First, the Report provides a thorough analysis of the facts of the case and ultimately determines that under the circumstances, it would be likely that a trier of fact would determine that Plaintiffs complaints amounted to a serious medical condition. (Docket No. 61 at 12-13.) The Court, having reviewed the Plaintiffs objection, agrees with Magistrate Judge Dembin's conclusion. Therefore, Plaintiffs objection on this ground is moot.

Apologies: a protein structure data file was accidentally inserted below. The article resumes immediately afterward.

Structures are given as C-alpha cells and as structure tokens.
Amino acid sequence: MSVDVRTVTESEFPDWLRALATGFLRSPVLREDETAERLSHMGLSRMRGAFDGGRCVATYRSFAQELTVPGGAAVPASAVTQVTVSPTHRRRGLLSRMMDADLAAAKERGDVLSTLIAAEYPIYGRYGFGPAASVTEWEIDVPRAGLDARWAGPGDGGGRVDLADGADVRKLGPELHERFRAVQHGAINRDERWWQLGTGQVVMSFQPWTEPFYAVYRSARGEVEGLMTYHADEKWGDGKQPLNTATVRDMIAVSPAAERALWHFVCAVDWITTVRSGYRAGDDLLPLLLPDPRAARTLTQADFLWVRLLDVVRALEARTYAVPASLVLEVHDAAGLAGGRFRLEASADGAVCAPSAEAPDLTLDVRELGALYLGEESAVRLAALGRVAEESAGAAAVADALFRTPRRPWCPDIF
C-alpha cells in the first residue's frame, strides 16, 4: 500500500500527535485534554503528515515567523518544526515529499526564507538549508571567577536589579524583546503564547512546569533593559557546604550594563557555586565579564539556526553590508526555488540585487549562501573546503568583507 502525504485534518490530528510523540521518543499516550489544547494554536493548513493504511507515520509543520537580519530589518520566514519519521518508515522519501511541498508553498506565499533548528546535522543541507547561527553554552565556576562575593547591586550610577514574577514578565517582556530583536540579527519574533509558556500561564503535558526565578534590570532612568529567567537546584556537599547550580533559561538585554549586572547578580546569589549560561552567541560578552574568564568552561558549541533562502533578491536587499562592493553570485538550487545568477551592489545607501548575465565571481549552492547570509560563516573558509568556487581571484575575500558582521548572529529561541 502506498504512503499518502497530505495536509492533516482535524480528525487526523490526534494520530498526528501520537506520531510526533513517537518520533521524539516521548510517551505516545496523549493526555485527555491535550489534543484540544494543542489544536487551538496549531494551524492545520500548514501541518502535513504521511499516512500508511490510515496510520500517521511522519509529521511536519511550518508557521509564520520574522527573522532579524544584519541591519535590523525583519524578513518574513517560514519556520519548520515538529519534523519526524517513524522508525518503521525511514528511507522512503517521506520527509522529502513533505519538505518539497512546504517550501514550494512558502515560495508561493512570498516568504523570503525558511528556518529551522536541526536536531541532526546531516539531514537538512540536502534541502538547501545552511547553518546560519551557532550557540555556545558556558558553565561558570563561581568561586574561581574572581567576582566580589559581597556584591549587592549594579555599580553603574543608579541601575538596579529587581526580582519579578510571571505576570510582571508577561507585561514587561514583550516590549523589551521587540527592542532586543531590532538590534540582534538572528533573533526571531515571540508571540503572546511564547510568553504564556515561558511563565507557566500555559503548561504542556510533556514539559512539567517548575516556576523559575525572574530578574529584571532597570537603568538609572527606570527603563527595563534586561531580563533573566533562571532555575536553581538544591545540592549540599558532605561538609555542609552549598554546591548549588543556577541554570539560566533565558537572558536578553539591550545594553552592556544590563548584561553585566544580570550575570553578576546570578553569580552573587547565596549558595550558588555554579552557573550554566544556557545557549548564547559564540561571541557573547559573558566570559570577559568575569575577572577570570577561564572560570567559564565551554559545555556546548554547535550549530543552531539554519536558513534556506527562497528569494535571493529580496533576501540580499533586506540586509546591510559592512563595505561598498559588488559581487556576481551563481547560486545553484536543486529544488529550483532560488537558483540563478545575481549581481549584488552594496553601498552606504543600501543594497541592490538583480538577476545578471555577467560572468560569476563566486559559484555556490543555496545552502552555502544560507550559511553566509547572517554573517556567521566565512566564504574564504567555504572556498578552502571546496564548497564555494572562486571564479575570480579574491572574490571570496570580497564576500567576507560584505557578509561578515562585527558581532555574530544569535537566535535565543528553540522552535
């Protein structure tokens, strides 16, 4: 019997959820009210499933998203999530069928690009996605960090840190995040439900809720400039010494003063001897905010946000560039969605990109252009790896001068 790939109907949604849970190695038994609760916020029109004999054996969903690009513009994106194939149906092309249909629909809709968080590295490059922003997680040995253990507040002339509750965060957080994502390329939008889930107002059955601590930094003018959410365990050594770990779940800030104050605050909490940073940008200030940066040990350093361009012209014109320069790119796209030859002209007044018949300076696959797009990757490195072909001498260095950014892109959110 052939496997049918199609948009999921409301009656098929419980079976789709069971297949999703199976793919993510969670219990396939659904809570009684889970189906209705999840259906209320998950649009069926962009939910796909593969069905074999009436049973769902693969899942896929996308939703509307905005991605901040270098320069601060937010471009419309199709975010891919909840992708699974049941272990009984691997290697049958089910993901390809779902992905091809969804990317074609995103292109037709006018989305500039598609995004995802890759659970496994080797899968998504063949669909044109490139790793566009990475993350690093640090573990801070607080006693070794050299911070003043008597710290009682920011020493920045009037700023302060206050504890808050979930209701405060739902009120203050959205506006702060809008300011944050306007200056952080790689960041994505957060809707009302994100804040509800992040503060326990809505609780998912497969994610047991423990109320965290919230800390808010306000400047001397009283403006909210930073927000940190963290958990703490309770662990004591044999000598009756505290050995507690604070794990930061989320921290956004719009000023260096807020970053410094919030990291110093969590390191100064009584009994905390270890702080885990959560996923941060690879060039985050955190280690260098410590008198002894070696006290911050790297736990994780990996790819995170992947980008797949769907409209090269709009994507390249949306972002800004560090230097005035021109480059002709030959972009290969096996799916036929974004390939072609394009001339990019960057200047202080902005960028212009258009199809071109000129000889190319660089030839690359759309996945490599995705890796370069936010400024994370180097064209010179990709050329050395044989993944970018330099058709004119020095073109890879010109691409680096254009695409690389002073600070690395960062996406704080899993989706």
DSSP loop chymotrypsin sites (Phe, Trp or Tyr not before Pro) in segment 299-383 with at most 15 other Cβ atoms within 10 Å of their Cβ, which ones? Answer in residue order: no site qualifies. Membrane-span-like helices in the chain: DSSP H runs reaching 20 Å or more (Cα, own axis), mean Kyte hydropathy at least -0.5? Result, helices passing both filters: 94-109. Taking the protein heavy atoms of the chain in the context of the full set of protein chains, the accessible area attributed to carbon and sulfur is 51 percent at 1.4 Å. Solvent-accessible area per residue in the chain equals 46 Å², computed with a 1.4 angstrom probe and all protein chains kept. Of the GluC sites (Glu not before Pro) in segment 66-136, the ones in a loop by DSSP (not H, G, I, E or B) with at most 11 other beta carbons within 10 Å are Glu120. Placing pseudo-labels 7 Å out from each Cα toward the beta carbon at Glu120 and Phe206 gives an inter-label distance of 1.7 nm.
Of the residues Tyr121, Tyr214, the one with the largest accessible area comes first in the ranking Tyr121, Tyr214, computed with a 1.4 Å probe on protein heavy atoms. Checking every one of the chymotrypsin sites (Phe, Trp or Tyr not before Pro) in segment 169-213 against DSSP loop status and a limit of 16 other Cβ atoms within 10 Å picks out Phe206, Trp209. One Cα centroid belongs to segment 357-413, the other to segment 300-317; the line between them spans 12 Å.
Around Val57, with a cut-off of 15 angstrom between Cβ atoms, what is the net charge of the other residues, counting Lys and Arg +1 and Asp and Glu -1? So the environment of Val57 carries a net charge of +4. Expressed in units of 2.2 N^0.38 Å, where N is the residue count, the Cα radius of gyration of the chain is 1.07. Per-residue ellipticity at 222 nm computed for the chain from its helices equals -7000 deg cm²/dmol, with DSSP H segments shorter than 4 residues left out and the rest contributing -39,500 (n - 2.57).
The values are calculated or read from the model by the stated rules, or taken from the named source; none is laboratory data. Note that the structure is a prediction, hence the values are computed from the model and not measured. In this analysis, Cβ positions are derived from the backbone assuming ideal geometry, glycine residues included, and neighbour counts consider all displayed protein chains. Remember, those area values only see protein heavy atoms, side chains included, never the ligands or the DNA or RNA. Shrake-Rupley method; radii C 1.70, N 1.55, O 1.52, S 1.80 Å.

Second, as to the sufficiency of Plaintiff s allegations regarding deliberate indifference, the Court agrees that Plaintiff did not allege specific facts from which it may infer any of the Defendants acted with deliberate indifference. "A prison official is deliberately indifferent under the subjective element of the test only if the official 'knows of and disregards an excessive risk to inmate health and safety.'" Colwell, 763 F.3d at 1066 (quoting Toguchi v. Chung,391 F.3d 1051, 1057 (9th Cir. 2004)). "[T]he official must both be aware of facts from which the inference could be drawn that a substantial risk of serious harm exists, and he must also draw the inference." Colwell, 763 F.3d at 1066 (quoting Farmer, 511 U.S. at 837) (internal quotations marks omitted). "Deliberate indifference 'may appear when prison officials deny, delay or intentionally interfere with medical treatment, or it may be shown by the way in which prison physicians provide medical care.'" (Id.) at ...